Despite moving to the cloud, IT departments struggle to meet business demands

An OpsRamp survey of IT managers described the ups and downs of departments trying to modernize under weighty cost constraints.

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Software company OpsRamp surveyed 250 IT managers on current trends as well as the future of the industry. They sought to answer three questions: What forces prevent IT operations from embracing modernization, how can companies develop high-performance digital operations teams, and how can they recruit or retain elite talent to accelerate digital transformation.

In the "Adapt or Perish: The OpsRamp Report on Modern IT Operations in the Digital Age" survey, all of the respondents worked for companies with more than 500 employees and were based in the United States.

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In the cloud

The survey found that nearly 90% of enterprises have at least one quarter of their infrastructure running in the cloud. Under 10% used entirely cloud-based infrastructure systems, but more than half had at least 50% of their systems in the cloud.

"The rapid adoption of public cloud services coupled with cloud native patterns (microservices and containers) for building modern applications will require significant rethinking and overhauling of traditional IT operations practices," the survey said. "Digital operations teams will need to build the right skills, knowledge, and capabilities to thrive in a world where the technology infrastructure will be increasingly hybrid and new workloads will be largely invisible."

More importantly, most respondents said their companies had moved more than half of their mission-critical workloads to the public cloud. Companies were switching to the cloud primarily because it allows organizations to release applications more frequently with scalable infrastructure, has flexible pay-as-you-go pricing models, and enables streamlined collaboration.

Demand for DevOps

The survey highlighted that DevOps practices were now very important skills any modern IT department needed in order to carry out critical actions like agile planning, configuration management, continuous integration, and automated deployments.

The most in-demand IT skills revolve around DevOps, which has become vital to building apps and services with frequent deployments, continuous improvements, and lower failure rates. IT departments also need people skilled in using cloud environments. 

According to the study, worldwide public cloud spending will double from $229 billion in 2019 to $500 billion in 2023. New jobs like cloud engineers and cloud architects are now massively important for deploying and optimizing highly available applications. 

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Lack of IT talent

Unfortunately, there is a dearth of qualified IT workers, with the report citing one statistic from consulting firm Korn Ferry, which said there will be a global technology talent shortage of up to 85 million by 2030. The survey said that because of the talent shortage, IT leaders are increasingly turning to upskilling their employees through formal training programs, on-the-job training, or helping to secure relevant technical certifications.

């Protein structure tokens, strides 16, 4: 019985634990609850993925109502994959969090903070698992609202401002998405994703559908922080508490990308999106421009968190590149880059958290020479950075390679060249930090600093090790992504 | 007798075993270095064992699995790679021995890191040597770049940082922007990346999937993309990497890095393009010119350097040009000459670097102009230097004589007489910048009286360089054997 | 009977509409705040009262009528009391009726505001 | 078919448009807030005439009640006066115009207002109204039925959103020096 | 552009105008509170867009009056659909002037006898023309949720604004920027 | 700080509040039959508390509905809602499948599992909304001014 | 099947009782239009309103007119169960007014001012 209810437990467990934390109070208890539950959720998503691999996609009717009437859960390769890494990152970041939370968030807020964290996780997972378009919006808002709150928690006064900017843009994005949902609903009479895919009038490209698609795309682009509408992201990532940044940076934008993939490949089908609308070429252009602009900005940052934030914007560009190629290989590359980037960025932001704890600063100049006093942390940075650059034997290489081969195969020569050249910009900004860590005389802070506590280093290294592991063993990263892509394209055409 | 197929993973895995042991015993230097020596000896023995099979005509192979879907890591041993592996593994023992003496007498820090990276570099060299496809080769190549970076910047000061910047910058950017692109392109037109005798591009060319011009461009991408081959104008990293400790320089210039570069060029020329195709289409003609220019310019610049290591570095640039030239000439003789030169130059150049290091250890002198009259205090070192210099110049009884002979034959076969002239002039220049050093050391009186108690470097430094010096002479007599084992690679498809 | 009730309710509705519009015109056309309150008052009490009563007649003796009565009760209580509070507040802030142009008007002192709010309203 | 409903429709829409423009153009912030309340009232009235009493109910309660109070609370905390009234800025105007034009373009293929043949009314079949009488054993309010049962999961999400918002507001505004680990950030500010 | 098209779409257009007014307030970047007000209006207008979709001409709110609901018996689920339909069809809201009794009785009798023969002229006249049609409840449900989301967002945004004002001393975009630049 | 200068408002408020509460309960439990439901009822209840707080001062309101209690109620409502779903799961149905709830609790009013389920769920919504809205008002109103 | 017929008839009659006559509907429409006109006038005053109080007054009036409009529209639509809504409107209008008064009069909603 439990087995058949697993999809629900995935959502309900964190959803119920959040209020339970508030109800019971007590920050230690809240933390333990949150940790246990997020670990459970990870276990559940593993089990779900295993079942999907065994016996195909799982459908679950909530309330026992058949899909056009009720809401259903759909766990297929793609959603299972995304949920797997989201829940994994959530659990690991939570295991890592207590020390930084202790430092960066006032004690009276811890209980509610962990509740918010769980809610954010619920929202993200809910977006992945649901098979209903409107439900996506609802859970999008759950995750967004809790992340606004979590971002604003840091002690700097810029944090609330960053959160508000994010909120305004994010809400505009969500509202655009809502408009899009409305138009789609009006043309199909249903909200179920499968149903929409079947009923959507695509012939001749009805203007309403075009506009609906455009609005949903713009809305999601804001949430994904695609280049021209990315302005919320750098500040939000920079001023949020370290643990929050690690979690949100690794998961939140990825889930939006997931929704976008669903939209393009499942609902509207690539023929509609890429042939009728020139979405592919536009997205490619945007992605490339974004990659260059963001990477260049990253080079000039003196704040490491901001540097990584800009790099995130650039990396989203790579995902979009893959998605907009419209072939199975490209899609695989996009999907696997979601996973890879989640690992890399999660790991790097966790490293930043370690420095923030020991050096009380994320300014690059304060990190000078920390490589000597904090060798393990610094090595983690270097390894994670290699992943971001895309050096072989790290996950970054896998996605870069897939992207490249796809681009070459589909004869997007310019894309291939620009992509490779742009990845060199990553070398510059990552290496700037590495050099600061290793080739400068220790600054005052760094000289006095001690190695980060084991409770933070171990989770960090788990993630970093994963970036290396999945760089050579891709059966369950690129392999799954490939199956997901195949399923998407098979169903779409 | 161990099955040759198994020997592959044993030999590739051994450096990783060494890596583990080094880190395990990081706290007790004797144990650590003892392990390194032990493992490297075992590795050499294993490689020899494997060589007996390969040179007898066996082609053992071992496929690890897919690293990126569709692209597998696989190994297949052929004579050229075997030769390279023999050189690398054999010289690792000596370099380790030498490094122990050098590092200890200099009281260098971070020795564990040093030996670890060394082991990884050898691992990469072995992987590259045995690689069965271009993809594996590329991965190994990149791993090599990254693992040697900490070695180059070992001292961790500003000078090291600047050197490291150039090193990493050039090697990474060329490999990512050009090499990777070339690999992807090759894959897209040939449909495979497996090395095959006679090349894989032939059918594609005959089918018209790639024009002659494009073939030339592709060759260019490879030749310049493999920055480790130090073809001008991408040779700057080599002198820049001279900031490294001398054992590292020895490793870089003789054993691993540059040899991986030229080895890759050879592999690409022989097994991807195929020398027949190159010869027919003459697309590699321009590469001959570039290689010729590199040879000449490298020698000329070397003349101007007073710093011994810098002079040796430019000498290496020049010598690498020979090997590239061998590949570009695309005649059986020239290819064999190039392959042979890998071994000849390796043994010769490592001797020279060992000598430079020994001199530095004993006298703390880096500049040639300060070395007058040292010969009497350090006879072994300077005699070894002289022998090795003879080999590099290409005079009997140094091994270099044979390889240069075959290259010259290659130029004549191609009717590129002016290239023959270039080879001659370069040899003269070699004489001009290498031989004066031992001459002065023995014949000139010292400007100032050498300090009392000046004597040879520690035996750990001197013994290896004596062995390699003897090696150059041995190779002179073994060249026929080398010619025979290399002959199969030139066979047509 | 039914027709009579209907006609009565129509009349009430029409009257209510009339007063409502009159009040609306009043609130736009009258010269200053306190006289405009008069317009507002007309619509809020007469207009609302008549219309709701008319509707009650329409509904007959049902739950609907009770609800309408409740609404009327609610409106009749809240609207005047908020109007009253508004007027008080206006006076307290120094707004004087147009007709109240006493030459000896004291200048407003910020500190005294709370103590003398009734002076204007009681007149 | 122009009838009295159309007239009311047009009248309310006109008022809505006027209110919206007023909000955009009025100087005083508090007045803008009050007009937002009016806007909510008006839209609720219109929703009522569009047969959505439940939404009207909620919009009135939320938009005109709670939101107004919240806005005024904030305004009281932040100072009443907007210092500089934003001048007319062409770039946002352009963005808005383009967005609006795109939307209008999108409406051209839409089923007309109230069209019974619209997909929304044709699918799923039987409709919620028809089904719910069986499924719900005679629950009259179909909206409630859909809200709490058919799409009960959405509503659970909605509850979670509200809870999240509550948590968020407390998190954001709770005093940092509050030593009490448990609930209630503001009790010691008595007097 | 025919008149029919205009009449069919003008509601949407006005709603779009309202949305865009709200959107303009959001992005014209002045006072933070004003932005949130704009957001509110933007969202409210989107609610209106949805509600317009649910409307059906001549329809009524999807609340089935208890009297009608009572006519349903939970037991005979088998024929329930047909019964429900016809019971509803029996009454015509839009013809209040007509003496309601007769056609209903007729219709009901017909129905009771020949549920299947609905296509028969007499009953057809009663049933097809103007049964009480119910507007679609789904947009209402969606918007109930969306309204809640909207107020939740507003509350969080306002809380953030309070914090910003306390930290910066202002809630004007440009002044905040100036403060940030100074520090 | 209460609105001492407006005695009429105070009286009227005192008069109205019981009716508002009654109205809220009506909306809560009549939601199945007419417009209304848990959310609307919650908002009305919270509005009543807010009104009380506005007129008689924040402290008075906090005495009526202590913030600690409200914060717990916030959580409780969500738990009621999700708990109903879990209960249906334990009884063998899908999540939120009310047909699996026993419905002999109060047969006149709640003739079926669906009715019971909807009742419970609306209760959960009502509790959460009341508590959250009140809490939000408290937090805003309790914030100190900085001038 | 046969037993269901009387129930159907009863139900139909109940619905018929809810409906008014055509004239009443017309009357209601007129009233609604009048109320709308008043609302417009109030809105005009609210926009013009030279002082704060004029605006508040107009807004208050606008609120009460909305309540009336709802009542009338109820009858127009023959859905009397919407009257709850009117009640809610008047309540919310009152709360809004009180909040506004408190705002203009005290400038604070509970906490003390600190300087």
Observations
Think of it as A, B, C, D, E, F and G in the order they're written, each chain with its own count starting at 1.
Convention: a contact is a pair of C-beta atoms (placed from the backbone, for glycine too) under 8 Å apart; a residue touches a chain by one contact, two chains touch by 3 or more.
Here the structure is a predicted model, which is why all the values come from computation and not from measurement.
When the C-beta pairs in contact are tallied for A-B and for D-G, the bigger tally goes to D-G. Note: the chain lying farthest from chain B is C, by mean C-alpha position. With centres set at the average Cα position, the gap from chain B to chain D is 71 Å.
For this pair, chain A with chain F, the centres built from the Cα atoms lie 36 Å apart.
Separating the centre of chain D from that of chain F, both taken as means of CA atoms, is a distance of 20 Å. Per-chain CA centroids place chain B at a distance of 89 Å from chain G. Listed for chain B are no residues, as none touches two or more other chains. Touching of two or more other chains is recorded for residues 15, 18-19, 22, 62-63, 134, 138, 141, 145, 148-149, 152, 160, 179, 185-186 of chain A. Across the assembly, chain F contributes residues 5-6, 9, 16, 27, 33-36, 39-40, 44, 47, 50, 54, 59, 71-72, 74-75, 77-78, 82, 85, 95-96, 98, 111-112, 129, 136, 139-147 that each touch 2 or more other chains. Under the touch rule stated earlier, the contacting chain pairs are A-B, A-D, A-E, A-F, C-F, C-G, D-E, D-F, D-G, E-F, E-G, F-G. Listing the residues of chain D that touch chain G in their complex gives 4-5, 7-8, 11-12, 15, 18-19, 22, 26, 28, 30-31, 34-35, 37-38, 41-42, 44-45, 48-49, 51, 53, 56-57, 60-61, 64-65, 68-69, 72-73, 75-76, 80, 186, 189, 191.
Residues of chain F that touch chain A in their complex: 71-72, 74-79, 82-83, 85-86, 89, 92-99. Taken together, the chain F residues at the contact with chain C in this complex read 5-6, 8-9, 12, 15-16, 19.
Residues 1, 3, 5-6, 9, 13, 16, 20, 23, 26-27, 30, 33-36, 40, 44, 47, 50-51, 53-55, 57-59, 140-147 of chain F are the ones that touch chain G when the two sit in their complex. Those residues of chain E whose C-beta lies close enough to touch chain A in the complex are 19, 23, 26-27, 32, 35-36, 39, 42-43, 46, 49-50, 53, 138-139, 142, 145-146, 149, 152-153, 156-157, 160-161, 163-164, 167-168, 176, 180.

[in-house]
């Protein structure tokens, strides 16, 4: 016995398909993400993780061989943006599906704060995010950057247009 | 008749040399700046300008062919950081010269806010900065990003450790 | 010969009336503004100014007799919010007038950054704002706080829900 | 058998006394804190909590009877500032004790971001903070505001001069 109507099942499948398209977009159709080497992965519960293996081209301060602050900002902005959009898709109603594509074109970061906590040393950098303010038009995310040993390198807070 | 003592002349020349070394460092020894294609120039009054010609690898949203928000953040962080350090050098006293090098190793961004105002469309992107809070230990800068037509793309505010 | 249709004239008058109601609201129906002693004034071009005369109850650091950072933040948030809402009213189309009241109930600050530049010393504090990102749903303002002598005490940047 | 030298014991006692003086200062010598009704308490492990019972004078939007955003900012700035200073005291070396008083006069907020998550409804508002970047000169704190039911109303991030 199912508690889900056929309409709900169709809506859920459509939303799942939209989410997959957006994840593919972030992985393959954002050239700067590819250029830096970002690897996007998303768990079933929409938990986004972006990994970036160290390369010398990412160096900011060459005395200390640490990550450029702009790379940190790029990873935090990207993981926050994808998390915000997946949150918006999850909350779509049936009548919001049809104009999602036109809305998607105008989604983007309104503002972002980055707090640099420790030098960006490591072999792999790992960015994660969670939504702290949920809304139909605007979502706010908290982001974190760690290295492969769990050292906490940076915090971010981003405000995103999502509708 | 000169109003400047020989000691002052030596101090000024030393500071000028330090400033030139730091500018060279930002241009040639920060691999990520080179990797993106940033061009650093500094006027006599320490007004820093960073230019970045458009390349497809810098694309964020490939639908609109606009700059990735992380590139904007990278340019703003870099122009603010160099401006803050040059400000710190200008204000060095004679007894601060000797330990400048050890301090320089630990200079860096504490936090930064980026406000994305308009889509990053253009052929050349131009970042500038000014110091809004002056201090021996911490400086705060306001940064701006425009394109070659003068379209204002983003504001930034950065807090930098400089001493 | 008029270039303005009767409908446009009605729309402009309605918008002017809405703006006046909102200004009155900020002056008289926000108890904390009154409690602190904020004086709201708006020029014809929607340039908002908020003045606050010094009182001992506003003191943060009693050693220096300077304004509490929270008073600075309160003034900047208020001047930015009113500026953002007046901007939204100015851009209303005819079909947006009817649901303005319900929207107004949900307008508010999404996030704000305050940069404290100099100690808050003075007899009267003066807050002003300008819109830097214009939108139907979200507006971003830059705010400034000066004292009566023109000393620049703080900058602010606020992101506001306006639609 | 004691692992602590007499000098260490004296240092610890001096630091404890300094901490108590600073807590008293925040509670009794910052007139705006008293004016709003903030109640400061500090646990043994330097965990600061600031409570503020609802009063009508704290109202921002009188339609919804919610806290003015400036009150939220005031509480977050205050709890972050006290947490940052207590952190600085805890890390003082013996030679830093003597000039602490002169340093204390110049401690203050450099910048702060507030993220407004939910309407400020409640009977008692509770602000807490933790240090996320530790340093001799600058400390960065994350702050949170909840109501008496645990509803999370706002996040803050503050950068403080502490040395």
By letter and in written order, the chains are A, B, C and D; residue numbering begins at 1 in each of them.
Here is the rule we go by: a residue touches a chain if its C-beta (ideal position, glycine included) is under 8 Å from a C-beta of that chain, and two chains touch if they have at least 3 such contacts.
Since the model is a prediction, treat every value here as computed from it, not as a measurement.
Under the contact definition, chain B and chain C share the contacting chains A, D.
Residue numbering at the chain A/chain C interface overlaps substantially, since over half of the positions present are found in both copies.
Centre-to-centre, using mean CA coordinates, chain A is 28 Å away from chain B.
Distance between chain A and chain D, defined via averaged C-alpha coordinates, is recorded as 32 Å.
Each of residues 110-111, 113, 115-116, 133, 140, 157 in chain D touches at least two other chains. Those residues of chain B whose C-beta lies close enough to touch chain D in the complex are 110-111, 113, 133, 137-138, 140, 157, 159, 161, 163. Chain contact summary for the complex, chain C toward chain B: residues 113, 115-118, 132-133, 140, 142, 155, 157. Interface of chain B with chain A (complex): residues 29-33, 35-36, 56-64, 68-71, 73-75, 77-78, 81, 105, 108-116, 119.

IT staff lack the kind of talent necessary to achieve the goals of C-suite executives and still struggle with obsolete legacy applications. Nearly 95% of respondents said it was somewhat difficult to recruit the right technology and business talent.

The report noted that it was also important for enterprises to create concrete, understandable goals and metrics for IT departments in order to track success.

Positive work culture

A positive work culture is also key to a successful IT department, and organizations must pay competitive salaries while offering flexibility and important projects.

The study said the best IT teams "create a culture of collaboration to support the right business outcomes that will create economic value, drive competitive differentiation, and superior performance."

There is often a big gap between what executives expect from IT and what is possible within the constraints of most organizations. Respondents told OpsRamp researchers that their IT departments struggled with budgetary concerns, greater responsibility, and fewer resources.

"IT operations teams can no longer be content spending their time and energy on low-level system performance metrics. The business is counting on the critical contribution of technology infrastructure leaders to deliver new revenue streams, drive faster time-to-market for products and services, and ensure better digital user engagement," the report said.

"Sixty-four percent of IT operations leaders believe their job is to deliver agile, responsive, and resilient infrastructure that can support fast-moving business requirements. Fifty-one percent of IT executives are looking to improve their organization's security posture by investing in continuous compliance and governance processes for hybrid environments." 

Companies are now spending $1.2 trillion annually on digital transformation technologies, so IT departments are increasingly relied upon to deliver somewhat unrealistic user experiences that companies want to drive customer intimacy, revenue growth, and competitive differentiation.

"The OpsRamp Report on Modern IT Operations in the Digital Age identifies the challenges that many of our customers are experiencing," said Varma Kunaparaju, CEO of OpsRamp. "Enterprises want agility, flexibility, control, and the power and promise of the cloud."

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